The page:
Tag Archives: culture

Jerry Bowyer: The Cultural Component of Our Recovery

We’re now engaged in a national discussion about how to balance public health and economic health.

It’s the right discussion to have.

We need to embrace both as goals, not sacrifice one to another. But I’d like to add culture to the equation. Quarantines are essential during a pandemic. Economic growth is essential too, because poverty kills.

But so are certain cultural institutions and patterns. Private associations can also be essential. Churches, synagogues and recovery groups stand between us and despair and between us and death.

No. I’m not calling for civil disobedience by worshippers.

But, I am calling for civil officials to obey their mandate to uphold the public good by fully counting the cost of what is shut down—and for how long it’s shut down.

As we move toward resumption of our activities, our public servants should give deference to what is the most life-sustaining public gathering for tens of millions of Americans.

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Albert Mohler: The Delusion Destroying Women’s Sports

News reports came out last week that the transgender athlete Rachel McKinnon has, for the second year in a row, won the women’s bicycling championships in Manchester, England.

McKinnon is a biological male competing as a female. That has left some female athletes upset.

McKinnon pushed back in a statement we should listen to closely:

“All my medical records say, female. My doctor treats me as a female person. My racing license says female, but people who oppose my existence still want to think of me as male. So, if we want to say that I believe you’re a woman for all of society except for this massive central part that is sport, then that’s not fair.”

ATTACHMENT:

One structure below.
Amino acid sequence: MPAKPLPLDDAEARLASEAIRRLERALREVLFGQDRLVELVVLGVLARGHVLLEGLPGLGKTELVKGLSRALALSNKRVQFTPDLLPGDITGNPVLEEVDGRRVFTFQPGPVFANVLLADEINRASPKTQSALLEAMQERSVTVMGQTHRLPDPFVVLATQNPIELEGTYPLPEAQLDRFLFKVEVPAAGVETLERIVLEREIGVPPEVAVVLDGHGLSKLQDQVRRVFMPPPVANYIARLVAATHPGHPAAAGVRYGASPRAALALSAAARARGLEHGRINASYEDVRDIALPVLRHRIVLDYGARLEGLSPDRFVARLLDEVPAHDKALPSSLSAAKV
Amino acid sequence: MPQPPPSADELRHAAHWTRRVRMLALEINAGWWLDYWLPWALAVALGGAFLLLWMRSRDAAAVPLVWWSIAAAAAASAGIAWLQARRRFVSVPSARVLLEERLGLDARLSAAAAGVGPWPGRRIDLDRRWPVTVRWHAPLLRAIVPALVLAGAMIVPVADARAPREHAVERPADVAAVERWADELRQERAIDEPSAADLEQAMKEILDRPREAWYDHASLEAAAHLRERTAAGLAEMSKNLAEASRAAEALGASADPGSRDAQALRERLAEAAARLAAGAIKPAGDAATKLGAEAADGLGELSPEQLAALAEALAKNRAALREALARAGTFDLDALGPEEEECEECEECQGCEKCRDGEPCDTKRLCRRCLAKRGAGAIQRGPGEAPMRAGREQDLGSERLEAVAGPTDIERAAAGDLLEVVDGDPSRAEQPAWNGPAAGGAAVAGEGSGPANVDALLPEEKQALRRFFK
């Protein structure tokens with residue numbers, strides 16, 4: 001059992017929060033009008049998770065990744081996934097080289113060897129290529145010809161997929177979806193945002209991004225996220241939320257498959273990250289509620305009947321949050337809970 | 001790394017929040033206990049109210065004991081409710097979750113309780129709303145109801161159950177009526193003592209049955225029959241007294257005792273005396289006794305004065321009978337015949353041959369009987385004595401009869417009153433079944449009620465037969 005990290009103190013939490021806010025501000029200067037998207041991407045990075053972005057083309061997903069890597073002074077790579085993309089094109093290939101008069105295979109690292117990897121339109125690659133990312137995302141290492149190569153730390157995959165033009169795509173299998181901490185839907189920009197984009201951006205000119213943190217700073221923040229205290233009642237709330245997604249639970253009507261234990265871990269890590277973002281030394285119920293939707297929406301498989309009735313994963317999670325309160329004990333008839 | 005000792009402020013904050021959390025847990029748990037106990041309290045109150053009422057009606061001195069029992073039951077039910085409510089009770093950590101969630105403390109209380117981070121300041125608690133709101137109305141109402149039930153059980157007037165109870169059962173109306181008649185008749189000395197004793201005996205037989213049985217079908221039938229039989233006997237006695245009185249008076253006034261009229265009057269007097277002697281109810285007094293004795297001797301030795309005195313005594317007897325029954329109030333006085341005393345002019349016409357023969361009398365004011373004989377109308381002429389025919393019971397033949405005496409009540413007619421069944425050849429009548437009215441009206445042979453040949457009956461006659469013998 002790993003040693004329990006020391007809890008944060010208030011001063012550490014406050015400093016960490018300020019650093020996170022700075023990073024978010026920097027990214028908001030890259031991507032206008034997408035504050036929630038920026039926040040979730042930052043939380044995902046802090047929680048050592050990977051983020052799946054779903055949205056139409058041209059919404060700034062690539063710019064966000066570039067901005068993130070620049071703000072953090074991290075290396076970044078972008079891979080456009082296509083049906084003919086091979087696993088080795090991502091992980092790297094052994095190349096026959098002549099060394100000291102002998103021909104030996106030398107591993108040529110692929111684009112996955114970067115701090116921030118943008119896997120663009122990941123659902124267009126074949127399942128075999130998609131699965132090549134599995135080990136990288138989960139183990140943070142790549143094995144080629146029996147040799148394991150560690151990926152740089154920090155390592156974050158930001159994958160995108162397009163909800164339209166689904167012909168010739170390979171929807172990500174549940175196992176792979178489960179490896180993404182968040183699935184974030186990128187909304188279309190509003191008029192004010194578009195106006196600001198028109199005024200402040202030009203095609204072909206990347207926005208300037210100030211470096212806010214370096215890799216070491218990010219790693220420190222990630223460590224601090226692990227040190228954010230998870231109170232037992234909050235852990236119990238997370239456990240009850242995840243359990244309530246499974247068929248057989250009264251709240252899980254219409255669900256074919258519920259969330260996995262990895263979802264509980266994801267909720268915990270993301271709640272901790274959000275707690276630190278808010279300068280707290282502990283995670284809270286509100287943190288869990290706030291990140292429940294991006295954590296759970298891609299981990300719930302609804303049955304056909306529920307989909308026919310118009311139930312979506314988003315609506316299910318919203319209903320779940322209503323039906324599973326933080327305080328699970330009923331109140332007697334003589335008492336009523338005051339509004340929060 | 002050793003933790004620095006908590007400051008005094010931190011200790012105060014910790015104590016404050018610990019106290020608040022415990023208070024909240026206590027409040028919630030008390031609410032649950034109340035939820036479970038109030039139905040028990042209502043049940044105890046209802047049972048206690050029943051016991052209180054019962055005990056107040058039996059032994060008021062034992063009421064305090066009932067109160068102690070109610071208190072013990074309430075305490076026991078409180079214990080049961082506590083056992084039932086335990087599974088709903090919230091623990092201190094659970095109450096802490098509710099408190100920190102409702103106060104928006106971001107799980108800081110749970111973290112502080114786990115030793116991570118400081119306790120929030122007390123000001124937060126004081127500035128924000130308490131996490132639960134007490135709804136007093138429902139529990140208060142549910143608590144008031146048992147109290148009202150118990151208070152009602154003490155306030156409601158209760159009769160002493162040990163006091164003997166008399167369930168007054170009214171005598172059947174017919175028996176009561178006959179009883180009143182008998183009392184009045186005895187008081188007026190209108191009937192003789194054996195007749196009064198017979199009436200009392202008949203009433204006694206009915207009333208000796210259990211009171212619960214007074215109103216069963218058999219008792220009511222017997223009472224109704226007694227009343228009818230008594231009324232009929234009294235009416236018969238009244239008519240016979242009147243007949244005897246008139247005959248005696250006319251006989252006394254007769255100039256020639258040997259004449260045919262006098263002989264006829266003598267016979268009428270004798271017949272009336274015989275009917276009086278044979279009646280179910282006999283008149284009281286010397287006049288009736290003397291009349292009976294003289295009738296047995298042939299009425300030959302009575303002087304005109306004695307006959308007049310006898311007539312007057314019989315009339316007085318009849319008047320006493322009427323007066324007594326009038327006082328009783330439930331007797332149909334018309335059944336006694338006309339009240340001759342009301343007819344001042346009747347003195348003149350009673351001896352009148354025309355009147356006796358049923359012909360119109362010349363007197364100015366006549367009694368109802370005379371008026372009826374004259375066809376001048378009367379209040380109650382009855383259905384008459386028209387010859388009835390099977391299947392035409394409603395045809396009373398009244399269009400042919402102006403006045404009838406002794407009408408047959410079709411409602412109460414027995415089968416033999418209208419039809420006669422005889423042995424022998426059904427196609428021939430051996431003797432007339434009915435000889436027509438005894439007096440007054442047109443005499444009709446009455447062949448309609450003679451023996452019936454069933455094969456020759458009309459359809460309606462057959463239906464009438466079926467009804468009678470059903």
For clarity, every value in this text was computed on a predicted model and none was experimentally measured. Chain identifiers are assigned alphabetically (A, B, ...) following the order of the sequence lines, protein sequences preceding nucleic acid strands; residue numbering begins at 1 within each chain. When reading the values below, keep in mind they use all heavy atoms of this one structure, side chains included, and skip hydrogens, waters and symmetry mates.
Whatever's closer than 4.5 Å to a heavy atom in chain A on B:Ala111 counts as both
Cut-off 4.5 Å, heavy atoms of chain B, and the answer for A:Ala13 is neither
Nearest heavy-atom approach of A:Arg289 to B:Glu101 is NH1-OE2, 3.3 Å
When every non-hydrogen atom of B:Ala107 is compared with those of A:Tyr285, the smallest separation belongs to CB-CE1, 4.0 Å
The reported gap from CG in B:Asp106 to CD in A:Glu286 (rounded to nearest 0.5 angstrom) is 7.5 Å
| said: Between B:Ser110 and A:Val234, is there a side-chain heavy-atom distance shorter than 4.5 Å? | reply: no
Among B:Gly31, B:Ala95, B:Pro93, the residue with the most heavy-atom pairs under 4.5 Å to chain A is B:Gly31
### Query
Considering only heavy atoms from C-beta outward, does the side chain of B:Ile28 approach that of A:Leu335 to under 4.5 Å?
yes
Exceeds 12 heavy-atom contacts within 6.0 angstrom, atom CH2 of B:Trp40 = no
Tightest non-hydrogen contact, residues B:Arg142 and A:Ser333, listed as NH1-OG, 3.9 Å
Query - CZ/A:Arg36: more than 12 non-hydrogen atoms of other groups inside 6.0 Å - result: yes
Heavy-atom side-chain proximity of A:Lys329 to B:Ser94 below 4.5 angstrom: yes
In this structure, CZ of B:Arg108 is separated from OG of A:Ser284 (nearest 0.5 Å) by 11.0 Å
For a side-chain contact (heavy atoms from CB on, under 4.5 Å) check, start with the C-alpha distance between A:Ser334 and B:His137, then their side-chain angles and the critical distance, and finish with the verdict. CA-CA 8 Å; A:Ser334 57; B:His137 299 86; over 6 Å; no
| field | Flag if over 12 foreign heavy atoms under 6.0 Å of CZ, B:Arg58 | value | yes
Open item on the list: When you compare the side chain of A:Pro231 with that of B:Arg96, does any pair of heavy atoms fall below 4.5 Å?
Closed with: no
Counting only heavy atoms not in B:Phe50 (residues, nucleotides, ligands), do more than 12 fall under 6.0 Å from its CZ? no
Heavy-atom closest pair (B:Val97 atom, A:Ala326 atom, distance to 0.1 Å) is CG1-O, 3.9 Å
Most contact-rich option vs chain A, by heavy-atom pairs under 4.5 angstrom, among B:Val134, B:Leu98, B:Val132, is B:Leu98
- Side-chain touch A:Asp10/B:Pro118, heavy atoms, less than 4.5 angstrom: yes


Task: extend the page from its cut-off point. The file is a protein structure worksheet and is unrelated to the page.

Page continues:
McKinnon has a point.

If people offer the delusion that a biological male is a female in other dimensions, it’s inconsistent to deny that same designation in sport.

We’re watching a secularizing world mired in inconsistency, and whenever that inconsistency is pointed out, it’s our responsibility to see it for what it is. But this is where Christians also have to recognize that the last thing we should hope for in this world is for the world to be even more consistently wrong.

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Albert Mohler: A Culture in Crisis

“Drag Queen Story Hour Continues Its Reign at Libraries, Despite Backlash.”

That was the headline of a recent story in the New York Times—a story presented as if there is a normal America where drag queen story hour makes perfect sense and then there is that other backward America that responds with backlash.

Of course, the word “backlash” has negative connotations as if this is some wrongful negative, conservative overreaction.

It’s worth pointing out that these “Drag Queen Story Hours”—and this article admits as much—are targeted at children, because children are impressionable and easily influenced to come to celebrate the life choices of those leading the story time.

In a stunningly short amount of time, we’ve watched a massive restructuring of the entire moral universe of modern America —that makes drag queen story time first unimaginable, the plausible, then actual—and then celebrated.

Yes: We are a culture in crisis.

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Albert Mohler: Maine Embraces the Culture of Death

The state of Maine has now legalized physician-assisted suicide.

The Associated Press—in their reporting on the story—said reporters were, “declaring it in line with the state’s tradition of individualism and opponents insisting the practice tempts fate.”